Aneurysms Diagnosed and Treated by Expert Neurosurgeons in Baltimore


A cerebral aneurysm is a ballooning of an artery in the brain. This 3D medical animation describes how aneurysms form in the circle of Willis and how they can rupture. Symptoms and treatments such as surgical clipping and endovascular coiling are also explained.

The Minimally Invasive Brain and Spine Center at Mercy Medical Center in Baltimore, Maryland, offers patients comprehensive care from skilled neurosurgeons, experienced in the diagnosis and treatment of brain and spine disorders.

About the Condition

An aneurysm is the widening or bulging of an artery due to a weakness in the wall of the blood vessels. The two most common aneurysms occur in the aorta, the body’s largest blood vessel. Aneurysms also can be found in the abdomen (abdominal aortic aneurysm) and the chest (thoracic aortic aneurysm). 

Aneurysms may also be found in other parts of the body, including the brain and the legs. The exact cause of aneurysms is unknown; however, people with high blood pressure, high cholesterol or those who smoke may have a higher risk of developing an aneurysm.

NEXT: Symptoms & Diagnostic Process ›
Symptoms & Diagnostic Process

Symptoms of aneurysms may depend on their location. Aneurysms near the body’s surface may cause pain and swelling. Abdominal aortic aneurysms may cause abdominal, back or groin pain. Thoracic aortic aneurysms may cause hoarseness, swelling in the neck or swallowing problems.

Undetected aneurysms can rupture and be life-threatening, requiring emergency care right away. A ruptured aneurysm causes sudden and severe pain. You can also lose consciousness or go into shock depending on the amount of bleeding.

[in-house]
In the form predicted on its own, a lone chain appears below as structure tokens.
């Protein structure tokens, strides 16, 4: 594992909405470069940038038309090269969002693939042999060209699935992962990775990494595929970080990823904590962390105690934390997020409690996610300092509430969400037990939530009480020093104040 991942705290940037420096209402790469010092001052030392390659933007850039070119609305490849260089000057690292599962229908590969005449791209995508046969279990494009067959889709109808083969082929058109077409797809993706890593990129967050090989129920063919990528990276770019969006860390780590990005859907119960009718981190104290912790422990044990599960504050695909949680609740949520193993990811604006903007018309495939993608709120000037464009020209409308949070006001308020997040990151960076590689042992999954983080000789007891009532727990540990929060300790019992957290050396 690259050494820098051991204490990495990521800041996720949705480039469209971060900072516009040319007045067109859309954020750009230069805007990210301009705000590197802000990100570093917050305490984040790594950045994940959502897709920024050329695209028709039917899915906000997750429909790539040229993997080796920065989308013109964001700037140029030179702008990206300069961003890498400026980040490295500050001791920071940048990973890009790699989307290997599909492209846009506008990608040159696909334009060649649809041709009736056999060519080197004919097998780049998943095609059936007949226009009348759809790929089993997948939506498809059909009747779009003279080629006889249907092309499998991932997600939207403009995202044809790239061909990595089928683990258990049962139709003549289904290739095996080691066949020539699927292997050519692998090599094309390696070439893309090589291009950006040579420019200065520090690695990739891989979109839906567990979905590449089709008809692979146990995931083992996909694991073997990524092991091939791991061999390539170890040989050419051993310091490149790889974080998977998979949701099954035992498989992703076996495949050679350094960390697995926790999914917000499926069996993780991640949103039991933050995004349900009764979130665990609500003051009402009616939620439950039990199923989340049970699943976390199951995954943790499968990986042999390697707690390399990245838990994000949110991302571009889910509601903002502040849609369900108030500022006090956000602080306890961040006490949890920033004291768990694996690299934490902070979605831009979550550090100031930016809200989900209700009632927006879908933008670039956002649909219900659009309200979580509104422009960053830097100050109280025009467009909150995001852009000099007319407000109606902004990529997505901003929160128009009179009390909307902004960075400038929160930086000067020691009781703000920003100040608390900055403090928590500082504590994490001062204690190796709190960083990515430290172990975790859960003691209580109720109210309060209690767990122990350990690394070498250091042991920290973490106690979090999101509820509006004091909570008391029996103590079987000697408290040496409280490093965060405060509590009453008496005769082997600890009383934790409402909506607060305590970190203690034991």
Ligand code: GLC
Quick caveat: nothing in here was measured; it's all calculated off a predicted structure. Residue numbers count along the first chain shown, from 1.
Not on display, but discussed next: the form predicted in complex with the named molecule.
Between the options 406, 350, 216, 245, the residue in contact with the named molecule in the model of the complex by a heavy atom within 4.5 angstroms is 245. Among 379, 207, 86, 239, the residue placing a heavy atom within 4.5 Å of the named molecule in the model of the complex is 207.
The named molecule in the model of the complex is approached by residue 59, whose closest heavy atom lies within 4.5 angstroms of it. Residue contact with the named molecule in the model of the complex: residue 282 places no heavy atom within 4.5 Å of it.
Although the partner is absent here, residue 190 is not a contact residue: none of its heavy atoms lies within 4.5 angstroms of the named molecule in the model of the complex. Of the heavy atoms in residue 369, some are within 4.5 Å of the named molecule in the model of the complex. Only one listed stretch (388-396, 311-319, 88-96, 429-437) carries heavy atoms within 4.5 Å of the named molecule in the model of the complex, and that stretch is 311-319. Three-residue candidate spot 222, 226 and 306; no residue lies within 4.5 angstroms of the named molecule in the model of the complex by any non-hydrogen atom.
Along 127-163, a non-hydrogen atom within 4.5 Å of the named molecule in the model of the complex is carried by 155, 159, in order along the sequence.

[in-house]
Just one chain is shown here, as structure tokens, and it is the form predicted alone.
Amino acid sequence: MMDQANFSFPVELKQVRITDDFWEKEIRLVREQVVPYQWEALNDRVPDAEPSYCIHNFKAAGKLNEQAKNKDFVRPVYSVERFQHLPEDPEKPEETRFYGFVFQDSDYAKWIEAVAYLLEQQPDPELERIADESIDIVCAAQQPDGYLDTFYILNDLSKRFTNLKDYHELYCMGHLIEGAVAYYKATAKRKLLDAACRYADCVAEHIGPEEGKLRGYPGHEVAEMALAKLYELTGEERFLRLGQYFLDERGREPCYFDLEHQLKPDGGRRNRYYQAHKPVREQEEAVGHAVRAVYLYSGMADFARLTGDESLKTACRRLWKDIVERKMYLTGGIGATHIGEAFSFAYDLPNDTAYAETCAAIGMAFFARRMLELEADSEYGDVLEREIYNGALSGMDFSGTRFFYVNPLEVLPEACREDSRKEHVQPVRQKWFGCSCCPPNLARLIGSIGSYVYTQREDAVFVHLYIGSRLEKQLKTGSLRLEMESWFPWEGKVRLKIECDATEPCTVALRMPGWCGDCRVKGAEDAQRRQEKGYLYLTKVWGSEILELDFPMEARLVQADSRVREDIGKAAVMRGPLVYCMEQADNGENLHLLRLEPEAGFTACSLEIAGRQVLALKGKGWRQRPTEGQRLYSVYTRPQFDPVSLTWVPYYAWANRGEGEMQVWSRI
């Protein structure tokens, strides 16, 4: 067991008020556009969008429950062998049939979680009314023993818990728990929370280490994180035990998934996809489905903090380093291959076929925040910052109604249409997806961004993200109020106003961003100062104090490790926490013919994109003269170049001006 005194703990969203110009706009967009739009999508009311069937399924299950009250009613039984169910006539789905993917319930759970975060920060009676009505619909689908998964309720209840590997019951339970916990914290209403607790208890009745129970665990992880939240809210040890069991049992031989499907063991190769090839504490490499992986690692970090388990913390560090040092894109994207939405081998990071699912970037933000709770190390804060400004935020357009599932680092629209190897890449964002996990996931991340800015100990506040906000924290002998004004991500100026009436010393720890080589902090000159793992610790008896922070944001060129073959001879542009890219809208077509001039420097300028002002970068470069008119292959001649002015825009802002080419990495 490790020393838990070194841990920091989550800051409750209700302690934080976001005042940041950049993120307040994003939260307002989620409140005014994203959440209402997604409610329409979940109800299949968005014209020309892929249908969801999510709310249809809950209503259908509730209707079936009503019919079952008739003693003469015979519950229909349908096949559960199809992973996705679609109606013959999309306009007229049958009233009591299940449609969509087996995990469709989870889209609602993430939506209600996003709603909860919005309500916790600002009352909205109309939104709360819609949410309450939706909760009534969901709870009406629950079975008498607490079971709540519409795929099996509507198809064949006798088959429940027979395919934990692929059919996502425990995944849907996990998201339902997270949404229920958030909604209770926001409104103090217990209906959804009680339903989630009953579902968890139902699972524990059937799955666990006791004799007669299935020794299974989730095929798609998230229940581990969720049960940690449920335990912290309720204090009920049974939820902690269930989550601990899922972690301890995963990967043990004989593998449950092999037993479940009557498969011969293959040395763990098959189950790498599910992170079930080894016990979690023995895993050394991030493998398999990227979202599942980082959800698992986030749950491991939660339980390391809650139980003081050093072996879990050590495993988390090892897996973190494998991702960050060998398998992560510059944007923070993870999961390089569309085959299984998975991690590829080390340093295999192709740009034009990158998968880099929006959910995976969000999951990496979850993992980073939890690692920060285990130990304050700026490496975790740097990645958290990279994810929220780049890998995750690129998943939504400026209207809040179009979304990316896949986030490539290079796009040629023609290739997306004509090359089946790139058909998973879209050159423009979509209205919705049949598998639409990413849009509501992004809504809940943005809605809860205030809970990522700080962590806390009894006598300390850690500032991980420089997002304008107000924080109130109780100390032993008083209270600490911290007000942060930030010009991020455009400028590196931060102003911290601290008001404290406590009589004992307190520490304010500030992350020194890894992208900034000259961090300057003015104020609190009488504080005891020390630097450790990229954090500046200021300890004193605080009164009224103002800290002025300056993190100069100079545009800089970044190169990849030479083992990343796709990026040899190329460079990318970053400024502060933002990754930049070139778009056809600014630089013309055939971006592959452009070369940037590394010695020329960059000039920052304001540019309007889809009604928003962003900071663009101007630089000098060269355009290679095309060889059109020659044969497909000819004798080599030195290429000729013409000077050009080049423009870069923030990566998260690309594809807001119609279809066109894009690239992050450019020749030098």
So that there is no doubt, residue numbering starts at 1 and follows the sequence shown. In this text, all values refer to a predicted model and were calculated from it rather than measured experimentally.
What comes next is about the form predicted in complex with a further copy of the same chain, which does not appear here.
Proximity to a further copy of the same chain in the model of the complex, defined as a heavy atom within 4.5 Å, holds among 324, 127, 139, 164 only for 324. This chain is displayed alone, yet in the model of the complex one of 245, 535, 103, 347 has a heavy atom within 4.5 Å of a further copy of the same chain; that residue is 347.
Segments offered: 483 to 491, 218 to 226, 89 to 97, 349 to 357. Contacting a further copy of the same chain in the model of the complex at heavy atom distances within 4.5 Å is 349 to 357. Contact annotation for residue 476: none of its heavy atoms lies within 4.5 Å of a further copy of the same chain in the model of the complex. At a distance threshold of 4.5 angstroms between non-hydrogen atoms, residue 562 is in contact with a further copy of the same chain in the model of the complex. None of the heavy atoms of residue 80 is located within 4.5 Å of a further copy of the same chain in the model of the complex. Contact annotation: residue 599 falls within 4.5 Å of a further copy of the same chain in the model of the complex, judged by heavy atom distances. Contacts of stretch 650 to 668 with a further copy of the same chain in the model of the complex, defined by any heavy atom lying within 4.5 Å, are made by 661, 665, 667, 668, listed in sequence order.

Physicians typically diagnose aneurysms through a physical examination. As an aneurysm grows, pressure builds and a physician may feel a tender or pulsating mass in an exam. 

Screening tools for detecting aneurysms can include:

  • Computed Tomography (CT)
  • Magnetic Resonance Imaging (MRI)
  • Angiograms
NEXT: Treatment Options ›
Treatment Options

Treatment and repair of aneurysms depends on the size and location. Doctors monitor small aneurysms and may ask you to return every 6 to 12 months for additional screening. Larger aneurysms usually require surgery. Surgical options are:

  • An open surgical repair and grafting to replace the damaged blood vessel.
  • An endovascular minimally invasive procedure using stent-graft tubes to reinforce the damaged part of the artery.